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Just say "NO" to converting a DE to OLB...

Discussion in 'Draft Zone' started by MichaelWinicki, Apr 15, 2006.

  1. MichaelWinicki

    MichaelWinicki "You want some?" Staff Member

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    I've been looking at the list of defensive ends available for the draft that could be converted to a 3-4 backer...

    Manny Lawson
    Kamerion Wimbley
    Mark Anderson
    Darryl Tapp
    Jeremy Mincey

    And quite truthfully I don't see one of them that would make a good "strongside" OLB in the 3-4.

    A see a lot of "good pass rusher" or "has pass rush potential" or "Shows good moves rushing the passer".

    But I also see a lot of "Lacks anchor strength" or "Must get stronger" or "Needs to hold up better at the point of attack".

    What I don't see is with any of them "Shows good coverage ability" or "Has the abililty to fight through blocks".

    I think given the needs of what a strong-side OLB is suppose to do in the 3-4 I don't see how any of these pass-rush specialists are going to do what we need them to do--- even though many here seem to be in love with sacks and damn any other responsibilities.

    Given that I think all these defensive ends are a poor fit for our defense I think we're looking at someone who has played OLB in college.

    Hawk obviously won't be there at #18.
    Bobby Carpenter is a great fit but not necessarily at #18.
    Chad Greenway would be a great fit but I doubt he'll be there at #18.
    Thomas Howard of UTEP is an intriguing prospect even though he may be better suited to the weakside.

    I dunno. I'm not seeing a lot of OLB that have the potential to come on in 2006 and contribute (a lot) on the strong side.

    I'm thinking that if we don't select an OLB in the first or second round the SOLB spot is Al Singletons this year. Is that terrible? No not necessarily. I think the defense was better with him out there. And maybe we do have too many holes to fill right now to fill them all out of this one draft.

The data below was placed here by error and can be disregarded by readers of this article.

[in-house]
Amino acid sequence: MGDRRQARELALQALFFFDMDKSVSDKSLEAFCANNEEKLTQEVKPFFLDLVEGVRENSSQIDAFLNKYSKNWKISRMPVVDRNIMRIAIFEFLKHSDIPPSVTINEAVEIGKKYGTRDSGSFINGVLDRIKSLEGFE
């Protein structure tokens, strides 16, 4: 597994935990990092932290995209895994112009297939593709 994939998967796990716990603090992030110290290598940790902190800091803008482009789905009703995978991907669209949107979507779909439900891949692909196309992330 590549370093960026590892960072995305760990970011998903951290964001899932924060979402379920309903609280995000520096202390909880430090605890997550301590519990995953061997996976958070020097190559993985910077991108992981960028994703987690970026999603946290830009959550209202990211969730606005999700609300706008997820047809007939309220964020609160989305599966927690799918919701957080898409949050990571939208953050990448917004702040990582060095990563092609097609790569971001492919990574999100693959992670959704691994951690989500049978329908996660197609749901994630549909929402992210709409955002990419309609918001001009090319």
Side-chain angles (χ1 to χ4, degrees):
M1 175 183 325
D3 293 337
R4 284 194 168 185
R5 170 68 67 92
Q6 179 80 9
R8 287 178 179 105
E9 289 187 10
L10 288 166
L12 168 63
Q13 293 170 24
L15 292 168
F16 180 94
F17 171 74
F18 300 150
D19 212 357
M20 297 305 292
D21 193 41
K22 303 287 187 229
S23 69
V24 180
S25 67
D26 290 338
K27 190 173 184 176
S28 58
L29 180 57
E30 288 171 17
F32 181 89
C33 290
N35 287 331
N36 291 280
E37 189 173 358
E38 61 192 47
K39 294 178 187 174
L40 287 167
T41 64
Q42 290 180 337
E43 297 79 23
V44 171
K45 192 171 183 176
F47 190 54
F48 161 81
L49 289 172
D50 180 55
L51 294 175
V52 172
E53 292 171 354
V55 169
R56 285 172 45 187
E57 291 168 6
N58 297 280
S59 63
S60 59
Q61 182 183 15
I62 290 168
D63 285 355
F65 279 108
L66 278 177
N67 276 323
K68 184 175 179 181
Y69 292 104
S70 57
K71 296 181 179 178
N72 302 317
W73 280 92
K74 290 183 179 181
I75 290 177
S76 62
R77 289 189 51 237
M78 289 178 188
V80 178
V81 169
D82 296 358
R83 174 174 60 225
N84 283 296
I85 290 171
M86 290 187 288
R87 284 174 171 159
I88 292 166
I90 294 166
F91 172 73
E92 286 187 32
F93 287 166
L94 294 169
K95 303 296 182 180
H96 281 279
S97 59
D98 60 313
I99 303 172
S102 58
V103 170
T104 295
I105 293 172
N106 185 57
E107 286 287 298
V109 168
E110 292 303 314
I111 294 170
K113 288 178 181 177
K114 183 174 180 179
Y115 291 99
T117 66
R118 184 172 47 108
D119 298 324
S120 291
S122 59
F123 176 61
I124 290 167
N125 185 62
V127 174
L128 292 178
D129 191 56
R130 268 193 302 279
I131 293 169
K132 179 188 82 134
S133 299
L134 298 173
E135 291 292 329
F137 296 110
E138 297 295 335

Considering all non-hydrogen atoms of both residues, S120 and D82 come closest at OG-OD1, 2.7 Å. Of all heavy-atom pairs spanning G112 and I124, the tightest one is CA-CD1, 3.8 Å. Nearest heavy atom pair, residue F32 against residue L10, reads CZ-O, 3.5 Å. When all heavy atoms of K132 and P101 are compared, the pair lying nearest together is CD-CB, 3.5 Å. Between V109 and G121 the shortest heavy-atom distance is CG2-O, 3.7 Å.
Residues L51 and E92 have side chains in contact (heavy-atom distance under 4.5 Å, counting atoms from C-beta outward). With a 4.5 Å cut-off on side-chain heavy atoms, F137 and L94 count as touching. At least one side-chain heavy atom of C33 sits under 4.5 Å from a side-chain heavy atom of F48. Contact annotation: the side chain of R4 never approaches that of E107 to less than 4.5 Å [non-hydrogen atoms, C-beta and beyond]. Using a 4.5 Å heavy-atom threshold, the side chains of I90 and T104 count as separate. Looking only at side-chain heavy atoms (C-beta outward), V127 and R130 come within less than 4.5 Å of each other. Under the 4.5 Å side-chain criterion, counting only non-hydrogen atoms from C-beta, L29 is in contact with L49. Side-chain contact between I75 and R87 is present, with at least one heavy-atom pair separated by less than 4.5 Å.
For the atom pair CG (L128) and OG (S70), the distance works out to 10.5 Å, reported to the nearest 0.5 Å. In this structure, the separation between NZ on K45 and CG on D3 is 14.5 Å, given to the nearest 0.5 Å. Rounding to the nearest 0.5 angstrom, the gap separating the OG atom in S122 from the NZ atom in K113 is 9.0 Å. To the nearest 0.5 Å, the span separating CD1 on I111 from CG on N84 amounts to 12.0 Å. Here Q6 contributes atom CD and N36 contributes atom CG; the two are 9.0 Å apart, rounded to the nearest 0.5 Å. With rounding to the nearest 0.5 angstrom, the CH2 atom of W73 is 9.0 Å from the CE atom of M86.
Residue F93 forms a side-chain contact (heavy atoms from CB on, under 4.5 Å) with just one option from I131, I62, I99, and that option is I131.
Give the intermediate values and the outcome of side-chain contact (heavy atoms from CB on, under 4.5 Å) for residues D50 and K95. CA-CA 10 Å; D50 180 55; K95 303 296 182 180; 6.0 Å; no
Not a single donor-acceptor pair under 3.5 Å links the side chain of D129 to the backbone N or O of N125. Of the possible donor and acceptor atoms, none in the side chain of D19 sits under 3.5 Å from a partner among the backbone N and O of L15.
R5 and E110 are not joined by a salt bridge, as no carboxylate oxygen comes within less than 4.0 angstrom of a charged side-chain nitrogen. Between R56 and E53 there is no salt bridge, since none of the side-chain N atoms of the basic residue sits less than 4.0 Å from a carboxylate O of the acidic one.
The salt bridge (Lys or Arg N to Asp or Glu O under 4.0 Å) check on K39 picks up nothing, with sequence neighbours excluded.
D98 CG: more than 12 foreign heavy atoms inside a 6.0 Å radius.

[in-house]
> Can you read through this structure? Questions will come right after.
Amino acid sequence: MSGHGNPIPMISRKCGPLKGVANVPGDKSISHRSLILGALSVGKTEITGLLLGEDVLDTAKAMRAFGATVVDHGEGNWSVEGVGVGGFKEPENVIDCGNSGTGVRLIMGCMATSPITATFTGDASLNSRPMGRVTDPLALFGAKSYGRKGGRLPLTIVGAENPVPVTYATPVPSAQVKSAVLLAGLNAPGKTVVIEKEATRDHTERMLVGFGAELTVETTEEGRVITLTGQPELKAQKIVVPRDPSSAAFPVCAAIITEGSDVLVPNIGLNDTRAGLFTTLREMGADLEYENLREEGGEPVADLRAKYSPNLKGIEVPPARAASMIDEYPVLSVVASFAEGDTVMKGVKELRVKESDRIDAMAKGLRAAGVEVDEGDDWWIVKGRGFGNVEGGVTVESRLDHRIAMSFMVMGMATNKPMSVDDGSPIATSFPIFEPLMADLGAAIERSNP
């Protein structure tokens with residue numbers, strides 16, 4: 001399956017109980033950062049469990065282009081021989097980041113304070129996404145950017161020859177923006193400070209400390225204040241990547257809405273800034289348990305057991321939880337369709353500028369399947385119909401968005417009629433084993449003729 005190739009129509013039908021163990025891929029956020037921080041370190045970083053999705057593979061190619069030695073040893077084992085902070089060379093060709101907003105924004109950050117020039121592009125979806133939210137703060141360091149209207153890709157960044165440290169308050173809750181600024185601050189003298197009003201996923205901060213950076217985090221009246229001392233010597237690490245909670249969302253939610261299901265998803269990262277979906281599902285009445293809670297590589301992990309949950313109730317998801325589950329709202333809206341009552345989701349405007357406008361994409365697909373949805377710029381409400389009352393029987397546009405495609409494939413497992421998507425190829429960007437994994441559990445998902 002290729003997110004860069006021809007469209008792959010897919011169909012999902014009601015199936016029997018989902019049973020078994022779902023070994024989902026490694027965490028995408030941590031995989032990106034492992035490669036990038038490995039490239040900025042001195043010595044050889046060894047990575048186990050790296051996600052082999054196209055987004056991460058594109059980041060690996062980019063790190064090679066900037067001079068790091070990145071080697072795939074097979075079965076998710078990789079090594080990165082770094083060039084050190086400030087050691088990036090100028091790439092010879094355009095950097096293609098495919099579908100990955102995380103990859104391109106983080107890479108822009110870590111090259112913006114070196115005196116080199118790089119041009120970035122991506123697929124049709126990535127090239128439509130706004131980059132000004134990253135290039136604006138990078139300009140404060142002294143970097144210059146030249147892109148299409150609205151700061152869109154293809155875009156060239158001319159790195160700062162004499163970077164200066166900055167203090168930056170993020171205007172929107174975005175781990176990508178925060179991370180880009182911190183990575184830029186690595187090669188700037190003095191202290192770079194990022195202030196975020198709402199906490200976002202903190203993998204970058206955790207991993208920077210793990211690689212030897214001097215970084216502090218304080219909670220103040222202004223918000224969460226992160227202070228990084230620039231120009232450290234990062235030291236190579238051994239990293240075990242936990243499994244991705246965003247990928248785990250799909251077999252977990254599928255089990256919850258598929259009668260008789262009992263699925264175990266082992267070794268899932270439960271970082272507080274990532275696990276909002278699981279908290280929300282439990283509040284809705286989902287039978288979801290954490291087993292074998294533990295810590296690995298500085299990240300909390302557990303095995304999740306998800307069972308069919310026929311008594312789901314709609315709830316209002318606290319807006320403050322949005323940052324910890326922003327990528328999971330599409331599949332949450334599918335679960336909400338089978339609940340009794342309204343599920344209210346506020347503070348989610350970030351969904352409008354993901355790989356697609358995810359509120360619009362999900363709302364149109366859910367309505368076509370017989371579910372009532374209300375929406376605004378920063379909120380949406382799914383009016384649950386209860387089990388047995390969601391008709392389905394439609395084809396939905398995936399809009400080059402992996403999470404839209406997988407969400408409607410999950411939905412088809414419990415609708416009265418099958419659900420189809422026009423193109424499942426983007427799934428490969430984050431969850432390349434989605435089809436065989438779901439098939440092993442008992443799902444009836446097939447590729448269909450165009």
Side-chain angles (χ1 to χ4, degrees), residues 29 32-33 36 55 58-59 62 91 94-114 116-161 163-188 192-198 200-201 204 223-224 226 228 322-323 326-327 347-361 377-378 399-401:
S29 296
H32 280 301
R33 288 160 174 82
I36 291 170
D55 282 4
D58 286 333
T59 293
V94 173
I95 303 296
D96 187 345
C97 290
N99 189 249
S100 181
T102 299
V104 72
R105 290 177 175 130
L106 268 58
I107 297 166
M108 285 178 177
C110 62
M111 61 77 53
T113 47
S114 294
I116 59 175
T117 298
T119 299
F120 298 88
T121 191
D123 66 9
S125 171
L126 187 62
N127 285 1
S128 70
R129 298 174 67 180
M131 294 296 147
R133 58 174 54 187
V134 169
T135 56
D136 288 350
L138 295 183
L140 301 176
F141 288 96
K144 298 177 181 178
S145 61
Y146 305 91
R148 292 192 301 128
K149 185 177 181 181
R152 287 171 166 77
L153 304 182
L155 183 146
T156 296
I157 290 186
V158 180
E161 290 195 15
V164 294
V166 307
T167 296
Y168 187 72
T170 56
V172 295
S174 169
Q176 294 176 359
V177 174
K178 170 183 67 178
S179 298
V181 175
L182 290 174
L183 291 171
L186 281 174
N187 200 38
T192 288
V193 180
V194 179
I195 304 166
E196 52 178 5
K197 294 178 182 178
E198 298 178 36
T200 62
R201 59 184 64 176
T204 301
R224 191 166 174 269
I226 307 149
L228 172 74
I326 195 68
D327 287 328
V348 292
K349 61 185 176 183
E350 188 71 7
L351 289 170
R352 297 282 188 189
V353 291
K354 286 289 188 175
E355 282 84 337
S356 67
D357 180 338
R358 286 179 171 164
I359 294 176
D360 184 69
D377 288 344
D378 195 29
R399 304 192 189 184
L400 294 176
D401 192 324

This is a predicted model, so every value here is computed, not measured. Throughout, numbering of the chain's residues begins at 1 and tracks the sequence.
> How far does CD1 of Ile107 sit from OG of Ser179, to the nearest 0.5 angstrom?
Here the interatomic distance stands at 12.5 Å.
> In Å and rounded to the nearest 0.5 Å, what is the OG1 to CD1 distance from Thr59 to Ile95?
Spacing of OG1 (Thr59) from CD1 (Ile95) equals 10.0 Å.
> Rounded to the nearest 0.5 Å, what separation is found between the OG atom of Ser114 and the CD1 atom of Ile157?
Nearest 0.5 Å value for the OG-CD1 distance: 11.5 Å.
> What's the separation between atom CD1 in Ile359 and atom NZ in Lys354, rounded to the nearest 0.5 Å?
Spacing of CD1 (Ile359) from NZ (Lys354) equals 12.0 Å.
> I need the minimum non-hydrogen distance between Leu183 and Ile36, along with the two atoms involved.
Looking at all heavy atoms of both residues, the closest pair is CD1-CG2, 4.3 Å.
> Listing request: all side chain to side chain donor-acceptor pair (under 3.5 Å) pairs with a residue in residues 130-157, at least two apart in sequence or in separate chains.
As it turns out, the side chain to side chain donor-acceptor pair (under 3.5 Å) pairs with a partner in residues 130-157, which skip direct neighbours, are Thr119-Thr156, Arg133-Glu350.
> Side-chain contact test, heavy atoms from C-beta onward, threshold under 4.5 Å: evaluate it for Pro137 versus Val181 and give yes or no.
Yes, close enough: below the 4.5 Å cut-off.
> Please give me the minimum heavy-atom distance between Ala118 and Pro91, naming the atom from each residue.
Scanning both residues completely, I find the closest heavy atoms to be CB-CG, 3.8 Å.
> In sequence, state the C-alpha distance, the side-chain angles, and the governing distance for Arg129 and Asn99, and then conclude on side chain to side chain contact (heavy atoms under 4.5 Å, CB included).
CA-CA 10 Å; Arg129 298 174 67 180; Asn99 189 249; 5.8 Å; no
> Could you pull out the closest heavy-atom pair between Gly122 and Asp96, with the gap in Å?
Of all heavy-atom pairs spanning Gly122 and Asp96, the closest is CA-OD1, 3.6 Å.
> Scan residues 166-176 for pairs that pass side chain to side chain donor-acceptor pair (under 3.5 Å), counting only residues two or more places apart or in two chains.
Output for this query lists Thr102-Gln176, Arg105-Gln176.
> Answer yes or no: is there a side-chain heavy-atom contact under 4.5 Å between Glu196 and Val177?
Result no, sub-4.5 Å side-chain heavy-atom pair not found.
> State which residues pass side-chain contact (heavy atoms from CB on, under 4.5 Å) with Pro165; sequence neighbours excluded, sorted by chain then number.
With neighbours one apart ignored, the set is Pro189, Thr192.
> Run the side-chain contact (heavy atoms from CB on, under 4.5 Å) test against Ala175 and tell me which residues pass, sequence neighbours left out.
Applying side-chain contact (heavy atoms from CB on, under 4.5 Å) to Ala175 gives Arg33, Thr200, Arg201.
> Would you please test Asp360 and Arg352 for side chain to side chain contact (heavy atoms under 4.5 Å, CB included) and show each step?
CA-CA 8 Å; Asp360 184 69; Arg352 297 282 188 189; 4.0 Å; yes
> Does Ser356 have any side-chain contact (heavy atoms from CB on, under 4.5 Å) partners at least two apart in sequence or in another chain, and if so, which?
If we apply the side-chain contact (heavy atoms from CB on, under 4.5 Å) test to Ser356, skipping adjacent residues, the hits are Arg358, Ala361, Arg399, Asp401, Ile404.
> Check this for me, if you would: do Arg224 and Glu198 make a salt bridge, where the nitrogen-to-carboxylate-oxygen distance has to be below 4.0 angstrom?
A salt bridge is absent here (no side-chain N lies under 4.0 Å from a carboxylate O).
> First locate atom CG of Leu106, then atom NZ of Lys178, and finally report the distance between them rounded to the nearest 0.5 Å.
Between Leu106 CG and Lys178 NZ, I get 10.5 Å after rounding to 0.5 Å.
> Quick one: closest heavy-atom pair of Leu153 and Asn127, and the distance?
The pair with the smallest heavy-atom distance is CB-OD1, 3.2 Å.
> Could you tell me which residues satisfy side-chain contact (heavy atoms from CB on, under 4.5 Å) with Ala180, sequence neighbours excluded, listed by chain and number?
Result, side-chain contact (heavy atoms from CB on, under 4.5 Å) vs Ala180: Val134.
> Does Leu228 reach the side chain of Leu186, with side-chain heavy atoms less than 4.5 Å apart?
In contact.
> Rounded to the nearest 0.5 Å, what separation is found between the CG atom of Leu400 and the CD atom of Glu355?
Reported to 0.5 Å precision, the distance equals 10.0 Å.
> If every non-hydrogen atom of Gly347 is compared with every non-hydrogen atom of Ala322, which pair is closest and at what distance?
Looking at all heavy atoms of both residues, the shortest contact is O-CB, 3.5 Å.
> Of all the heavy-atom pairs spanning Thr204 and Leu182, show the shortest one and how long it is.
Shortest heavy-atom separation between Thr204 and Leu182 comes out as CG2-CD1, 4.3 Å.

2. TruBlueCowboy

    TruBlueCowboy New Member

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    I'd be willing to bet that a lot of people said the same things about DeMarcus Ware last year. ;)
  3. Bob Sacamano

    Bob Sacamano Benched

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    sorry Winicki, but Dallas is looking at exactly the type of OLB you want us to say no too
  4. MichaelWinicki

    MichaelWinicki "You want some?" Staff Member

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    Nope.

    He was always considered a "Weak" OLB option in the 3-4... not on the strong-side which has totally different responsibilities.
  5. MichaelWinicki

    MichaelWinicki "You want some?" Staff Member

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    They could.

    But I'm thinking someone like Bobby Carpenter is more likely at this point.
  6. cleverusername

    cleverusername New Member

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    You have a valid point, and the same thing has crossed my mind. I think Carpenter might be the best fit but personally I like Lawson/Wimbley. What do yall think are the chances, if one of these guys is available (Law/Wimb) That we move Ware to the SOLB? Given, he just learned a new position last year.
  7. Bob Sacamano

    Bob Sacamano Benched

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    they are, and Carpenter may be more likely, but converted DEs are still very intriguing to Dallas
  8. MichaelWinicki

    MichaelWinicki "You want some?" Staff Member

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    I honestly can't see them switching Ware to the strong-side.
  9. MichaelWinicki

    MichaelWinicki "You want some?" Staff Member

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    If we didn't have Ware I would totally agree with you.
  10. BrAinPaiNt

    BrAinPaiNt Brotherhood of the Beard Staff Member

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    The reason I like Carpenter is that I think he is a finished product, a guy that knows the position and has been very good at it.

    The reason I like Lawson is he is somewhat familiar with it and I think he has tremendous upside.

    I honestly would be happy with either.

    The reason most of these DEs are said to be weak at the point of attack is because they are undersized for their positions and would be a better fit in the pros at 34 LBs.

    So it is kind of hard to bash them for being weak at the point of attack while they were playing a position where they were undersized compared to 34 LB in the pros.